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Glandular Fever, Causes, Diagnosis, Treatment, Prevention, Complications

glandular fever, glandular fever symptoms, what is glandular fever, glandular fever treatments, glandular fever symptom, symtons of glandular fever,
Glandular Fever, Causes, Diagnosis, Treatment, Prevention, Complications

Glandular fever is a disease caused by a viral infection that more often affects teenagers. Symptoms of glandular fever are similar to those of the flu and include fever, sore throat, and chills.

Glandular fever is harmless and usually goes away on its own within a few weeks. After recovery, someone who has had glandular fever will be immune to this disease.

Glandular fever in the medical world is known as mononucleosis. This disease is also called the kissing disease because transmission often occurs through kissing.

Causes of Glandular Fever

Glandular fever is caused by the Epstein-Barr virus (EBV). A person can be infected with this virus when exposed to the patient's saliva, for example through kissing and sharing the use of glasses or cutlery. Transmission can also occur if someone accidentally inhales a splash of the patient's saliva, for example when the patient sneezes or coughs.

Apart from saliva, the EBV virus is also present in the blood and sperm of people with glandular fever. Therefore, this disease can be transmitted through blood transfusions, organ donation, and sexual intercourse.

The Epstein-Barr virus has an incubation period of 4-7 weeks before symptoms appear. Therefore, a person may not realize that they have glandular fever and can transmit this virus to other people.

Some studies say that glandular fever can be transmitted to other people for up to 18 months after the patient has recovered.

Glandular fever can happen to anyone, but it tends to affect teenagers in their early 20s.

Symptoms of Glandular Fever

Symptoms of glandular fever usually appear 4–6 weeks after a person is infected with the virus that causes this disease. In some sufferers, the symptoms tend to be mild, even not visible at all.

The initial symptoms of glandular fever resemble those of the flu, namely:

  • Headache
  • Sore throat
  • Fever and chills
  • Weak
  • Muscle ache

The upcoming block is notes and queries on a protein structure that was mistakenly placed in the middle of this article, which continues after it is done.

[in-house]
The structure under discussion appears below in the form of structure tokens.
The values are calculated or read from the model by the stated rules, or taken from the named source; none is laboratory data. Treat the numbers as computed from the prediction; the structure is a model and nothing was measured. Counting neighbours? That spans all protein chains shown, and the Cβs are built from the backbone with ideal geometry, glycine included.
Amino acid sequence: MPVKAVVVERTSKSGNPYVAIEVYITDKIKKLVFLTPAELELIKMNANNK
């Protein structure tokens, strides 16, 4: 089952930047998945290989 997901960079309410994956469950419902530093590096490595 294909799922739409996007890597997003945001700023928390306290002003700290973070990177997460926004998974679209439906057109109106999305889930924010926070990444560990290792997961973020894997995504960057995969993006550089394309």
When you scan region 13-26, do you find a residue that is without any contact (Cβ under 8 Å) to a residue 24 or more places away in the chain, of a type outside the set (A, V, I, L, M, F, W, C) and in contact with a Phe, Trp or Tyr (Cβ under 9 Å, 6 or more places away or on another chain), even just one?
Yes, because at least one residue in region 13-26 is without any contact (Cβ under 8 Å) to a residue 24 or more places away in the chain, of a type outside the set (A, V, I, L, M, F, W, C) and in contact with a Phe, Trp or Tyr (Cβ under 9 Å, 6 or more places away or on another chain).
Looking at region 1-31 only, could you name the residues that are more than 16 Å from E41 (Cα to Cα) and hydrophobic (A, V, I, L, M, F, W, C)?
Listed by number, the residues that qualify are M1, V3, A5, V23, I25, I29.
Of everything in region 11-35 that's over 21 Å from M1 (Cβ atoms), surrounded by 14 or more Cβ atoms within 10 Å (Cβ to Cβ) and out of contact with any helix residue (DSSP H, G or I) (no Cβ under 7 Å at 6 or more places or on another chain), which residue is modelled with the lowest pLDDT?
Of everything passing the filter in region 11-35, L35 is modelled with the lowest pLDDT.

After 1–2 days, other symptoms will appear in the form of:

  • Swollen lymph nodes
  • Yellowing of the skin and whites of the eyes (jaundice)
  • A red rash appears like measles, on the face or other body parts
  • Red spots appear on the roof of the mouth
  • Abdominal discomfort due to enlarged spleen

When to see a doctor

Check with your doctor if the above symptoms last more than 10 days or if you have a sore throat that is unbearable for more than 2 days. It is also necessary to see a doctor if you experience the following symptoms:

  • Headache feels very intense and accompanied by a feeling of stiffness in the neck
  • Swollen lymph nodes occur in many parts of the body
  • Stomach pain feels very bad

Diagnosis of Glandular Fever

For starters, the doctor will ask about the patient's symptoms and medical history. Furthermore, a physical examination will be carried out to see if there are any abnormalities, such as swollen lymph nodes and enlarged spleen.

To determine whether the patient has glandular fever, the doctor will do a blood test. Through a patient's blood sample, the presence of Epstein-Barr virus antibodies can be detected. Blood tests are also used to see if there are abnormalities or elevated levels of white blood cells.

Glandular Fever Treatment

Glandular fever usually clears up on its own within a few weeks. During this time, patients are advised to carry out independent treatment at home to relieve symptoms.

Treatments performed include:

  • Get enough rest
  • Gargle with salt water
  • Drink a lot of water
  • Eat a balanced nutritious diet
  • Taking pain relievers, such as paracetamol

Please note, adequate rest will speed up the recovery process. Therefore, don't rush to do strenuous activities so that glandular fever doesn't recur.

Consult with your doctor about the right time to return to activities. Usually, sufferers take up to 3 months to recover completely.

Please note, glandular fever can interfere with liver function. Therefore, avoid consuming alcoholic beverages as long as you have not recovered from this disease, because alcohol will further interfere with liver function.

Glandular Fever Complications

Glandular fever is generally not classified as serious. However, some sufferers can get a secondary infection in the tonsils (tonsillitis) or sinuses (sinusitis). In rare cases, glandular fever can also cause the following complications:

  • Enlarged spleen to tear
  • Inflammation of the heart muscle or myocarditis
  • Hepatitis
  • A decrease in the number of blood cells so that they become less blood and bleed more easily
  • Obstruction of the respiratory tract due to enlarged tonsils
  • Nervous system disorders, eg meningitis, encephalitis and Guillain-Barre syndrome

Prevention of Glandular Fever

As explained above, glandular fever is transmitted through saliva. Therefore, prevention is to avoid contact with the patient's saliva. The way to do this is:

  • Don't kiss people showing symptoms of glandular fever.
  • Avoid sharing glasses, cutlery and toothbrushes with other people.
  • Make sure to always maintain personal hygiene, including washing your hands frequently.

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